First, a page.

European tigers ending up on Asian market

FOUR PAWS research and police raids uncover ruthless tiger trade in Europe

Police raids in the Czech Republic as well as research by FOUR PAWS show that the tiger trade is not just an issue in Asia. The lucrative commercial trade of such an endangered species and its parts is happening in Europe as well.

FOUR PAWS has discovered that tiger traders operating in Europe are willing and able to sell and facilitate the transfer of tigers to Asian countries, where demand for their parts for traditional medicine is causing mass cruelty and a decline of the species. 

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Based on the suspicion of tigers being killed in a zoo and the possession of tiger products by the Vietnamese community, Czech Authorities made a strike against wildlife traffickers and conducted a series of raids that included one facility owned by a well-known circus leader.

Our research conducted in June included a meeting with this person, where he proudly showed his tiger breeding facility near Prague and discussed the sale of tigers to Asia. The trader offered to sell the tigers to Asian buyers and to help facilitate the documents and transfer.

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The tiger: A highly endangered species

In the 20th century the world has already lost over 90 percent of its tigers, with current estimates indicating that there are only 3,900 tigers left in the wild. The relentless demand for tigers – traded for their parts but also to be displayed commercially – significantly contributes to this decline of the species. Legal trade facilitates illegal trade and causes a real threat to wild tiger populations.

Shockingly, tigers born in captivity in Europe can still be traded for commercial purposes like circuses or for private keeping and for photo opportunities. In some European countries you can even rent a tiger for a private party!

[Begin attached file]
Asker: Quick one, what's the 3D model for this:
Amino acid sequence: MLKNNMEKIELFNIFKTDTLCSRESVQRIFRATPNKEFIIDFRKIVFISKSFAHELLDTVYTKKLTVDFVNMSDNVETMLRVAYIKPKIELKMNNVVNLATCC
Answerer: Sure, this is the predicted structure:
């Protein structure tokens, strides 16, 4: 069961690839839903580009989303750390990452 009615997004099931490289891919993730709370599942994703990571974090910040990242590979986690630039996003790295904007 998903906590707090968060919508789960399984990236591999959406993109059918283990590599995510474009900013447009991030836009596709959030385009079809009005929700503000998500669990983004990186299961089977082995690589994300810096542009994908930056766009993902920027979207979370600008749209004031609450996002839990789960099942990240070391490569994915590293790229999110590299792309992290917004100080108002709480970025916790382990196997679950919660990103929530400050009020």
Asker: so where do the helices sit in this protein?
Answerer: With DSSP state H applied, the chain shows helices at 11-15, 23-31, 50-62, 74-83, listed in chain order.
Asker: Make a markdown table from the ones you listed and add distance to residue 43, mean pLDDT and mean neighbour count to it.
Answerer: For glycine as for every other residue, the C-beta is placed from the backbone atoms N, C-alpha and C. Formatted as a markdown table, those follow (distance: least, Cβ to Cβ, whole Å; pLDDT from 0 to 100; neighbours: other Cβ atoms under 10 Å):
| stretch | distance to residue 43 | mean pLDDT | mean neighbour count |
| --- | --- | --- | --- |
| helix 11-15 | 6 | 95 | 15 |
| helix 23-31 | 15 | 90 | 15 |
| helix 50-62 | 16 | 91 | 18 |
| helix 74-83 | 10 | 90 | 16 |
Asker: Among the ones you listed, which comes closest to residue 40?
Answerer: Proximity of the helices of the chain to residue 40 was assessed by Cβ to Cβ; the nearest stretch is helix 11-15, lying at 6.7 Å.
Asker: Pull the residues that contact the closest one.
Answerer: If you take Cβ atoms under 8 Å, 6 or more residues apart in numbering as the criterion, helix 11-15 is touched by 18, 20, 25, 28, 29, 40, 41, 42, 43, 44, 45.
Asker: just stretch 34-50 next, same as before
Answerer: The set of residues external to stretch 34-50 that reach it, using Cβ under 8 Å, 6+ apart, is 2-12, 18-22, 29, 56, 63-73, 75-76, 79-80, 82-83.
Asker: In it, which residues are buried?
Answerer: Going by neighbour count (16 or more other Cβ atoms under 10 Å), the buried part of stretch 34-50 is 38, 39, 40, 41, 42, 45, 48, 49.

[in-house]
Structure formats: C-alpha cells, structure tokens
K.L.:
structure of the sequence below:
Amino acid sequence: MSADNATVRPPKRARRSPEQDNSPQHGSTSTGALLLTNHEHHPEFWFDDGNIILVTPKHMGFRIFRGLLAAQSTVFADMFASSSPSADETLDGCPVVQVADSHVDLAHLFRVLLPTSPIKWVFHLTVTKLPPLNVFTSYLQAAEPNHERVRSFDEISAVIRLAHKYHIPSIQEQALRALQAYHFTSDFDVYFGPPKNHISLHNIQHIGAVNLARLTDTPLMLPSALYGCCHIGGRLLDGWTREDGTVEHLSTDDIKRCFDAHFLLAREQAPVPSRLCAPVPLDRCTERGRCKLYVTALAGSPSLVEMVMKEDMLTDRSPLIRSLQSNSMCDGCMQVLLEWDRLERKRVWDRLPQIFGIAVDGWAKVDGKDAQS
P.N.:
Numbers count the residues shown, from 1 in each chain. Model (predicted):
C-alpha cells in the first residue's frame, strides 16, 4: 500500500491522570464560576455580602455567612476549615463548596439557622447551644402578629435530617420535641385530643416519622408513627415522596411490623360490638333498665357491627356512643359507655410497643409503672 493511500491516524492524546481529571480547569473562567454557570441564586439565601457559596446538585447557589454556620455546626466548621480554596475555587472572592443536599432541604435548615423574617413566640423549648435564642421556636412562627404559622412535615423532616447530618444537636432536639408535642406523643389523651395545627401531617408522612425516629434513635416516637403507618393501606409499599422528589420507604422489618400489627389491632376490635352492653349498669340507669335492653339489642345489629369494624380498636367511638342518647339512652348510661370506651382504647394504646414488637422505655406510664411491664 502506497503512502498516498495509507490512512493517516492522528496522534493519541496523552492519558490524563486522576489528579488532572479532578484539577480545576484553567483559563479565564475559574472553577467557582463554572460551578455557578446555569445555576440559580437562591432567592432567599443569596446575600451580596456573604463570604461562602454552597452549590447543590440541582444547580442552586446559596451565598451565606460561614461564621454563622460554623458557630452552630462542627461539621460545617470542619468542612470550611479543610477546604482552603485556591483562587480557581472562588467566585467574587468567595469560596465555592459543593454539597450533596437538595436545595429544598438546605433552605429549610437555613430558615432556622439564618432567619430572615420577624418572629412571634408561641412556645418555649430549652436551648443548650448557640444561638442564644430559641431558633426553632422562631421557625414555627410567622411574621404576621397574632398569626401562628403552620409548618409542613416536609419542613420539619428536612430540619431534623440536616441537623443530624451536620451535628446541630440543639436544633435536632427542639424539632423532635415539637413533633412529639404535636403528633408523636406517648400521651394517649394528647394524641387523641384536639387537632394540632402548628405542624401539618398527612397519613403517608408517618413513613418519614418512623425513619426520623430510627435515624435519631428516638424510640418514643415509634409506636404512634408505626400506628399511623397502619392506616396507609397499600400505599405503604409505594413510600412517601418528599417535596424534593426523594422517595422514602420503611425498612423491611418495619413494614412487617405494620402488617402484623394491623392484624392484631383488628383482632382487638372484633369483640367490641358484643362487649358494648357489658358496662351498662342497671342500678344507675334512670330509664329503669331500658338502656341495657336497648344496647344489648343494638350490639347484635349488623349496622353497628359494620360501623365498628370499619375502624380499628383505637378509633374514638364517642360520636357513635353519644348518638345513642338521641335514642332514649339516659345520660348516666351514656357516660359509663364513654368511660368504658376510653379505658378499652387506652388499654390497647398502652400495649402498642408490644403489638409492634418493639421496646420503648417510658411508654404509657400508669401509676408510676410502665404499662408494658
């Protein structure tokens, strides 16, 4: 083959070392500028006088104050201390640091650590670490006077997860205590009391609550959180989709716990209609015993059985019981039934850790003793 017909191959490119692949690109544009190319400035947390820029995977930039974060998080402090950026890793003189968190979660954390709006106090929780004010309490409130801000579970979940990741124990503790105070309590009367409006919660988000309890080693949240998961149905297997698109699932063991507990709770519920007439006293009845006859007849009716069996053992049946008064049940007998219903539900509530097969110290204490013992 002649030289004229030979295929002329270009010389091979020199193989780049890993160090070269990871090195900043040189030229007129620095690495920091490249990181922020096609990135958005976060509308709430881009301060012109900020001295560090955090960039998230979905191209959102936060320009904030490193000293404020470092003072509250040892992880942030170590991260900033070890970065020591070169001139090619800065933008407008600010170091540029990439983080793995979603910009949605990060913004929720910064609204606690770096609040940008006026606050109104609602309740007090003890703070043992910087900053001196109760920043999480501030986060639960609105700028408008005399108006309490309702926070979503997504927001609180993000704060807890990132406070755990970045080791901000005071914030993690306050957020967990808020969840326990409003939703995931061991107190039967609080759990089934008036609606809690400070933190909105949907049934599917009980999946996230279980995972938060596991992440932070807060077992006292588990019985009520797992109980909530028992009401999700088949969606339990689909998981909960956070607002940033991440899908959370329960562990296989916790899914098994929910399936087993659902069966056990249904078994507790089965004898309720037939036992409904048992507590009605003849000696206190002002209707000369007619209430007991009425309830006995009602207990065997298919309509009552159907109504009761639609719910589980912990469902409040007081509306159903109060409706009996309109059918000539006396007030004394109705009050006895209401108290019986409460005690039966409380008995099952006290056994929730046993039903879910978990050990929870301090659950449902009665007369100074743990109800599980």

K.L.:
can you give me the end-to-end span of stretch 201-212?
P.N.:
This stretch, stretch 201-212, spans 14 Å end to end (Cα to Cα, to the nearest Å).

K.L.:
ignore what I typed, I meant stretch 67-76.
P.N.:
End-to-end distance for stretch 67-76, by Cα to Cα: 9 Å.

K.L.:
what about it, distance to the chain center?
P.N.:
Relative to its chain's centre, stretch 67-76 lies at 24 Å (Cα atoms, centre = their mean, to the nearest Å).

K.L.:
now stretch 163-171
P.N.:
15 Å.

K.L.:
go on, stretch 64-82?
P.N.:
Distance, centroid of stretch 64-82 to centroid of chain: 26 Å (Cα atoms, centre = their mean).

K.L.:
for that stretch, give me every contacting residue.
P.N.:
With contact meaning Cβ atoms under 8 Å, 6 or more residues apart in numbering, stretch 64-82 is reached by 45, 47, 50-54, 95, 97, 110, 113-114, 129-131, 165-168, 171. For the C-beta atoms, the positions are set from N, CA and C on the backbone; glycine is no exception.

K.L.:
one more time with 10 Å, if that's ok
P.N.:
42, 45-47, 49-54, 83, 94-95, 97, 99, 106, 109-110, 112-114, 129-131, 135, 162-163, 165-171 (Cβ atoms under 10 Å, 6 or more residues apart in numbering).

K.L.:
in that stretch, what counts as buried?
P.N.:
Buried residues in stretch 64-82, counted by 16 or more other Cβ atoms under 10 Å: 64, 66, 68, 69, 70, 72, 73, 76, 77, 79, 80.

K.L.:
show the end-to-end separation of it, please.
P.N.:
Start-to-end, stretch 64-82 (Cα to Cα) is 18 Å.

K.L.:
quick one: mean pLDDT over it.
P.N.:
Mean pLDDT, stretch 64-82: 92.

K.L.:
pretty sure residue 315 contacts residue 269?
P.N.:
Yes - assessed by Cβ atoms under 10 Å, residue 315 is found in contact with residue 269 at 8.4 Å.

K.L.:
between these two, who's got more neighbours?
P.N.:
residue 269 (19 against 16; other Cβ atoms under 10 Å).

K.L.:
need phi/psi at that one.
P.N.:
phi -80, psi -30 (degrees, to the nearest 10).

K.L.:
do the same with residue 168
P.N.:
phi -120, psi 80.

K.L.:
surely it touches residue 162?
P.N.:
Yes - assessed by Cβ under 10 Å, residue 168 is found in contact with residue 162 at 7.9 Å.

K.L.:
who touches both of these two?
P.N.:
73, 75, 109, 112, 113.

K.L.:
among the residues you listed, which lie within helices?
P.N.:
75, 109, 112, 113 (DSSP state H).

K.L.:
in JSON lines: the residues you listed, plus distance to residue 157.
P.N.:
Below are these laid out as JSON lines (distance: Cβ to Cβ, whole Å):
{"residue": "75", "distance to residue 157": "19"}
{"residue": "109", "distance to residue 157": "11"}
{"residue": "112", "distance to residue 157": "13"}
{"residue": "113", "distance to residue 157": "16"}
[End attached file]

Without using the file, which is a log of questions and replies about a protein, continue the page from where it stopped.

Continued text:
Read more about this on our campaign site.

  • 4,000 € to 22,000 €  ($4,560 to $25,079) - the cost of a tiger in the EU
  • 1,412 - how many live, captive-bred tigers were exported from the EU between 1999 and 2016
  • 8,278 - number of illegal tiger products (like tiger soup cubes, teeth, claws) seized over same time period
  • 1,700 € ($1,938) - the price for a kilo of tiger bones
  • 3,900 – the number of tigers currently in the wild. The number of captive tigers in the world is unknown.

More information and alarming developments about the critical state of tigers can be found in our latest press release.

On July 16th, Czech authorities discovered a dead tiger as well as tiger skin, claws, bouillon cubes and broth – also called tiger wine – made from tiger bones on a property near Prague.

Here is our video with exclusive footage of the raids and the gruesome discoveries:

Note: Any advertisements that may appear during the viewing of this video are unrelated to FOUR PAWS. We assume no liability for this content.

The EU should take a leading role in protecting these endangered species and ban all commercial trade, ensuring tiger traders and businesses have no place in the EU!